Either a single cultivar or a group of very closely related strains, the Mongibello or Mt Etna variety may be the most common type of fig grown in northern zones.
This type of fig can be traced to Mt Etna, Sicily where it is known as Mongibello, beautiful mountain, presumably combining the Sicilian Mungibeddu with the Italian Montebello. If planted outdoors and killed to the ground by severe cold over winter, Mongibello is the cultivar most likely to ripen fruit on new growth in summer.
Various forms of protection can help most fig cultivars avoid total top-kill. One simple method: in fall, press low limbs flat to the ground and cover with layers of leaves, wood chips, or dirt.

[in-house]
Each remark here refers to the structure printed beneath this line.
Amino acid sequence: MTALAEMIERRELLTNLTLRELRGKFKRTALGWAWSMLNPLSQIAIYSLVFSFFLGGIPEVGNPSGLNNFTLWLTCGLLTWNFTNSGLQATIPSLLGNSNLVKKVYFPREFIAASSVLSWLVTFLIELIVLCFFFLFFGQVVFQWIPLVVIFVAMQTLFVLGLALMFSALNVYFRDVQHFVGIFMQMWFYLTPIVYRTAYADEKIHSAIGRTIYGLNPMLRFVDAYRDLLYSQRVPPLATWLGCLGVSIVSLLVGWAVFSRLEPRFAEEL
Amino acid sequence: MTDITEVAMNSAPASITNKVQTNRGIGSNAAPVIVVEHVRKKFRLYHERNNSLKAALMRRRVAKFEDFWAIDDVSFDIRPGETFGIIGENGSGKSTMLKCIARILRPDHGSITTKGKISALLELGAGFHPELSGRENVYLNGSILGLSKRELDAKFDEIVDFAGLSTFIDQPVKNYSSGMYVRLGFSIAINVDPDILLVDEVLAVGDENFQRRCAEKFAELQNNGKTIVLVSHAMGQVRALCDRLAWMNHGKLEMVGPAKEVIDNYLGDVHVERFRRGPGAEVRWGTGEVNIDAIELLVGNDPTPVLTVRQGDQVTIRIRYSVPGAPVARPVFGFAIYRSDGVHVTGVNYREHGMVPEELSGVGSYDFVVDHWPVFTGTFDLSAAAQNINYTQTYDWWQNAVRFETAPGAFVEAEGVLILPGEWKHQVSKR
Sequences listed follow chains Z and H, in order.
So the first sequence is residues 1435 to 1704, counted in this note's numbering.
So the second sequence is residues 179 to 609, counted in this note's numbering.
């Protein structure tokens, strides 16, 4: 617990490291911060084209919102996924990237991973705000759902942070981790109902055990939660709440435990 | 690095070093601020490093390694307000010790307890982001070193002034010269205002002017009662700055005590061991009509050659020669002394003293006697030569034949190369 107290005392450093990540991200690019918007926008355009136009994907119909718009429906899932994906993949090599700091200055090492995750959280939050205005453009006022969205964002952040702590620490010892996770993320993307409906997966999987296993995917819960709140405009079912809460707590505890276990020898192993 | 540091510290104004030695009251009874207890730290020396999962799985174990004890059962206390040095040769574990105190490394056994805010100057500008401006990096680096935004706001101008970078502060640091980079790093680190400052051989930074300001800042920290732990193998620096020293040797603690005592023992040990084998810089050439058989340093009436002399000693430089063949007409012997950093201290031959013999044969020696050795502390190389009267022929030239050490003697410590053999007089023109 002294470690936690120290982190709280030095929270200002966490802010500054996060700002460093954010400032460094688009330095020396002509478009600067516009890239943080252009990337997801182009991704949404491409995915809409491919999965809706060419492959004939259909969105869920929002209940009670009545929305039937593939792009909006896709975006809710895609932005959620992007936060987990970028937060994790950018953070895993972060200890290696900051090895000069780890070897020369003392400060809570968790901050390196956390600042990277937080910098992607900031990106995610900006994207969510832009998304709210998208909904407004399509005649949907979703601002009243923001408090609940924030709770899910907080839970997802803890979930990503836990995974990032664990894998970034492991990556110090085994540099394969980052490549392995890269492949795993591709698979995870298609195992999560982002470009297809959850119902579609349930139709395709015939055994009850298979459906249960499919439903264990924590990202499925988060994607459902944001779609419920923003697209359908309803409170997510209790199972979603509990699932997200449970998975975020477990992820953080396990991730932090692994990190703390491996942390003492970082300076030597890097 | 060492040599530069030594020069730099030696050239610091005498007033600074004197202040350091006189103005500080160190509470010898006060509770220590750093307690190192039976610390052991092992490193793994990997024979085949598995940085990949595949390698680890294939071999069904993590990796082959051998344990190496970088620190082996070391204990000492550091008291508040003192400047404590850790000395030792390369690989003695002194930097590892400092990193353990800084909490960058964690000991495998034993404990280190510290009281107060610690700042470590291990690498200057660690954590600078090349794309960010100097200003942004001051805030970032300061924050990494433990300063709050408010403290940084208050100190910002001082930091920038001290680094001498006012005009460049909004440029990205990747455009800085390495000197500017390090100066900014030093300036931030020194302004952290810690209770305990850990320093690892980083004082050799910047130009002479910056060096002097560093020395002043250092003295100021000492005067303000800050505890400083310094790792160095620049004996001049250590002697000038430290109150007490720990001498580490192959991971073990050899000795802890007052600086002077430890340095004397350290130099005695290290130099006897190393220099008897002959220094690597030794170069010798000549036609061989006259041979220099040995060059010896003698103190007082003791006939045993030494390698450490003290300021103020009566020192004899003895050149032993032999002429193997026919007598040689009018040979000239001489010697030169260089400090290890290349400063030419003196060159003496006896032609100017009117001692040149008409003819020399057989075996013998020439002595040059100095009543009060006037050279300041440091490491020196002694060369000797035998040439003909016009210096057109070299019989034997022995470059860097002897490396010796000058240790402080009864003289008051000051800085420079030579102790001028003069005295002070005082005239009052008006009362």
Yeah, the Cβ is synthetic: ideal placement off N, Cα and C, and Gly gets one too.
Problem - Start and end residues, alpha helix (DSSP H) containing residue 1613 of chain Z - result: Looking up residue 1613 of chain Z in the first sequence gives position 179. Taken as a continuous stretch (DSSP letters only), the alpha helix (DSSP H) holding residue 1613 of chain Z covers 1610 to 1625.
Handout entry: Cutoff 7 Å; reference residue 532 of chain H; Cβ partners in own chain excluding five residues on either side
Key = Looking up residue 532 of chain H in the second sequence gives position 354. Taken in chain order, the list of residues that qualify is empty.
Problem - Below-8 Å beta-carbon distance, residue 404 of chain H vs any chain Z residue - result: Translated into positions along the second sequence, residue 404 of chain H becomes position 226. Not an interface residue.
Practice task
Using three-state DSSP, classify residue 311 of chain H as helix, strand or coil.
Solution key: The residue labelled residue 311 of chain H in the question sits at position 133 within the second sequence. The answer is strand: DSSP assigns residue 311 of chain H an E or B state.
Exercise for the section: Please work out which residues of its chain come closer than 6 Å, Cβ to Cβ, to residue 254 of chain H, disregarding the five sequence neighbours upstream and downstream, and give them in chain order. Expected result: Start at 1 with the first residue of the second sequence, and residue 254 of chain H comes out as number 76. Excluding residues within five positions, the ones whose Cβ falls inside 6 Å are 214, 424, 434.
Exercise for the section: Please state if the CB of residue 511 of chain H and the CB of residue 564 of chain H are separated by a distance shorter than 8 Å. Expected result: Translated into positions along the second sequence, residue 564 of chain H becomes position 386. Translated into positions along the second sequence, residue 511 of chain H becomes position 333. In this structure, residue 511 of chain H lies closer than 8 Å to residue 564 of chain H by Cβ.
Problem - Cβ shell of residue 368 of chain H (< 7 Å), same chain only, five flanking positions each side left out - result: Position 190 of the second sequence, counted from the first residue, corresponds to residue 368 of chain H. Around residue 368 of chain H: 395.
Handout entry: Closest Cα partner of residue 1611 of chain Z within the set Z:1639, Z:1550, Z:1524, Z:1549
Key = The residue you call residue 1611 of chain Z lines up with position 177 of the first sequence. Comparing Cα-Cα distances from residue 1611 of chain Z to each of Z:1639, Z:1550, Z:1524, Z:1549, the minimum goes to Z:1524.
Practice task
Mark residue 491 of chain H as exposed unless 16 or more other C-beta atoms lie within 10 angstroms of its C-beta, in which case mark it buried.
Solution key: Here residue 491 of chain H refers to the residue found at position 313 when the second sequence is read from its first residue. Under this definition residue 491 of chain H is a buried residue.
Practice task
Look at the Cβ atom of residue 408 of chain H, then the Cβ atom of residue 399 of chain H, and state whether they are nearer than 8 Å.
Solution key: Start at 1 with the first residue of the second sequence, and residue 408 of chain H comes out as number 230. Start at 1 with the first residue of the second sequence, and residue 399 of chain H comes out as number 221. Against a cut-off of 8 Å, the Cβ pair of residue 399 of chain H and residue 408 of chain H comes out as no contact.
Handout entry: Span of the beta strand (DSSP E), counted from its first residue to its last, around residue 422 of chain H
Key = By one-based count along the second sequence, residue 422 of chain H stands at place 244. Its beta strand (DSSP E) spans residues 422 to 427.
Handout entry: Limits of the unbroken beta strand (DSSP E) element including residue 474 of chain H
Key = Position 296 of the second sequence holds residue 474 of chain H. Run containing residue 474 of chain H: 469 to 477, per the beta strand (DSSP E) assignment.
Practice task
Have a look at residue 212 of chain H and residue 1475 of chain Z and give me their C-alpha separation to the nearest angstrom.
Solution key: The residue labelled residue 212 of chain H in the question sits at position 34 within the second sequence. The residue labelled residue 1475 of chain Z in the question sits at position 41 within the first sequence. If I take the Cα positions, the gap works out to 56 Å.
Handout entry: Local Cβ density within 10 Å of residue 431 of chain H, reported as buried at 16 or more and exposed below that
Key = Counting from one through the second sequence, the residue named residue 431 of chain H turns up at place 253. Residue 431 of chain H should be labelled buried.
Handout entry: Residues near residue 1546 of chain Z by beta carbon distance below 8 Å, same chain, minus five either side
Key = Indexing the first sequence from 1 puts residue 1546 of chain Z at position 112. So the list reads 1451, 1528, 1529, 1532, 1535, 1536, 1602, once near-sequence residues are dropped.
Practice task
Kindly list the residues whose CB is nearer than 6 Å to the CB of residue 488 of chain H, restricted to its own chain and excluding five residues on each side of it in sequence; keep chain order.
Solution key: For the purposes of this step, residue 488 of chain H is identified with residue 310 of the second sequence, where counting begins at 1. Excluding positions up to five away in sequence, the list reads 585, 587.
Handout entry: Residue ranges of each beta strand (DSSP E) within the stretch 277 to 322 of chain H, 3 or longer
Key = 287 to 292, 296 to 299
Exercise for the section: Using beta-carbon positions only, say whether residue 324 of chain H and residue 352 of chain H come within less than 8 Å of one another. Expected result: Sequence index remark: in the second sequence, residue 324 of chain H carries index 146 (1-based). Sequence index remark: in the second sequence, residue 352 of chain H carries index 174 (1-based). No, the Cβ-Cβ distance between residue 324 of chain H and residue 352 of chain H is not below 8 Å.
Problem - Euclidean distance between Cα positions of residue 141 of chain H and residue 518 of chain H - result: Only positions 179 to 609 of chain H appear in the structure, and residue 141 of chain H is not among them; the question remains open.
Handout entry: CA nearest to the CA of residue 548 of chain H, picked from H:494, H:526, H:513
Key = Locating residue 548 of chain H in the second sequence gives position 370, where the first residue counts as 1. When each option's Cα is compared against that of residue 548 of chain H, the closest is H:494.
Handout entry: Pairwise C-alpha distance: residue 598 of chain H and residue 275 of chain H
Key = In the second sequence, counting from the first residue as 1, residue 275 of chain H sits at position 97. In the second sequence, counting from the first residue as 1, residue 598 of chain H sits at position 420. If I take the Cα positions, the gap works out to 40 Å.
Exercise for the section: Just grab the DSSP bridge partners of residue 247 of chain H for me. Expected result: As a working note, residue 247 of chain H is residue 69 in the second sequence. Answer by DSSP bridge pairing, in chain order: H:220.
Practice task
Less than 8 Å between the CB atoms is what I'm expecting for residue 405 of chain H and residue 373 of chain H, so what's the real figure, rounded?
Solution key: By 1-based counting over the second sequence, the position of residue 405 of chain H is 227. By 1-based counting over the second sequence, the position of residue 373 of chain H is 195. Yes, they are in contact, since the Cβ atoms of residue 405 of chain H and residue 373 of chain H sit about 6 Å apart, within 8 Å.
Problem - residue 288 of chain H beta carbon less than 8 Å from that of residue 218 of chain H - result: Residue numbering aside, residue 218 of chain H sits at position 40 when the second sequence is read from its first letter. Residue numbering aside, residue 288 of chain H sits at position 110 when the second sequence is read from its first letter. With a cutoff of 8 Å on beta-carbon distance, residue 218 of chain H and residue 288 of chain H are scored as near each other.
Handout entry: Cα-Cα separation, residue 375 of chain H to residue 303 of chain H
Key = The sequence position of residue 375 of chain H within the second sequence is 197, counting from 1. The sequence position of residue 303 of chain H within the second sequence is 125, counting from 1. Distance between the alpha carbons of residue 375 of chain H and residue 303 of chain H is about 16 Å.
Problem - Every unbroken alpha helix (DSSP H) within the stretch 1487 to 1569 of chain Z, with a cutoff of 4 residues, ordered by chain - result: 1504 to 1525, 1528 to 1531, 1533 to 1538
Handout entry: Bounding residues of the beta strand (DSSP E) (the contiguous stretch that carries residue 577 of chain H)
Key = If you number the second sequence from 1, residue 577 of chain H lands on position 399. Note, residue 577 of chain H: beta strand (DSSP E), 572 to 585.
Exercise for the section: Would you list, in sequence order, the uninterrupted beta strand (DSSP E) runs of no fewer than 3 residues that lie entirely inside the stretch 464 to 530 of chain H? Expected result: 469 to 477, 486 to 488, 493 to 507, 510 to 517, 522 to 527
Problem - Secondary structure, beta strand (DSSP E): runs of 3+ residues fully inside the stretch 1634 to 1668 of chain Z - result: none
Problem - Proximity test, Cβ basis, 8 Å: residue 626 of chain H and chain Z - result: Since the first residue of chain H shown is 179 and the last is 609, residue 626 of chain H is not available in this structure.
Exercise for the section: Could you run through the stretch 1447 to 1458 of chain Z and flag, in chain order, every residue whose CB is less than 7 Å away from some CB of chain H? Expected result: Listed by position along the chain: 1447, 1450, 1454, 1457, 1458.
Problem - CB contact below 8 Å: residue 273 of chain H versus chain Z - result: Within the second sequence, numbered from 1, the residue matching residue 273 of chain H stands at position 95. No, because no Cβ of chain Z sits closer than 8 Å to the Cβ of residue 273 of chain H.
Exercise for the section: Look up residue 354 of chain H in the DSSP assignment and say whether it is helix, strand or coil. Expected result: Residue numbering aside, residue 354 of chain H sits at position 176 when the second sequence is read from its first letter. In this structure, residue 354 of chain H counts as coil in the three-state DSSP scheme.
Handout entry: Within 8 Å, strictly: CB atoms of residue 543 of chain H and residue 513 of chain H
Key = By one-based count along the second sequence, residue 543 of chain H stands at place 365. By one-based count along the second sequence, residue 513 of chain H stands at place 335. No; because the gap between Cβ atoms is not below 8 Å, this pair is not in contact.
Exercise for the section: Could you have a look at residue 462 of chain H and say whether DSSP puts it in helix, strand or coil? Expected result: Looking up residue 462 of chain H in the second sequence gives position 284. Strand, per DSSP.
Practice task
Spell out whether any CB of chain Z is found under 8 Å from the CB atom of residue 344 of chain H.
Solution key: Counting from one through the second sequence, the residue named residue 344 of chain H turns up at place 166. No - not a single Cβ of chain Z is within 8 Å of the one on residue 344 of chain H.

A bountiful fig with a wonderful grape-strawberry flavor, Mongibello begins to ripen a couple weeks after the earliest cultivars, all things equal. Of any fig cultivar grown in ground in cold zones, robust Mongibello seems best able to ripen fruit each year.
These figs are known and distributed under many names, including: Hardy Chicago, Takoma Violet, Gino’s Black, Sal’s EL/GS, Maryland Berry, Zingarella, Rossi Dark, Marseilles Black, Keddie, Malta Black, Black Greek, Spanish Unknown, Dark Portuguese, Salem Dark, Black Bethlehem, Macool, St Rita, Danny’s Delight, Jersey Fig, Martini, Don Fortis, Hardy Pittsburgh, Hardy Hartford, Mt Etna Unknown, GM #11 (Sicilian Dark), Abba, NJ Red, San Donato (Calabria), Dominick’s, Bari …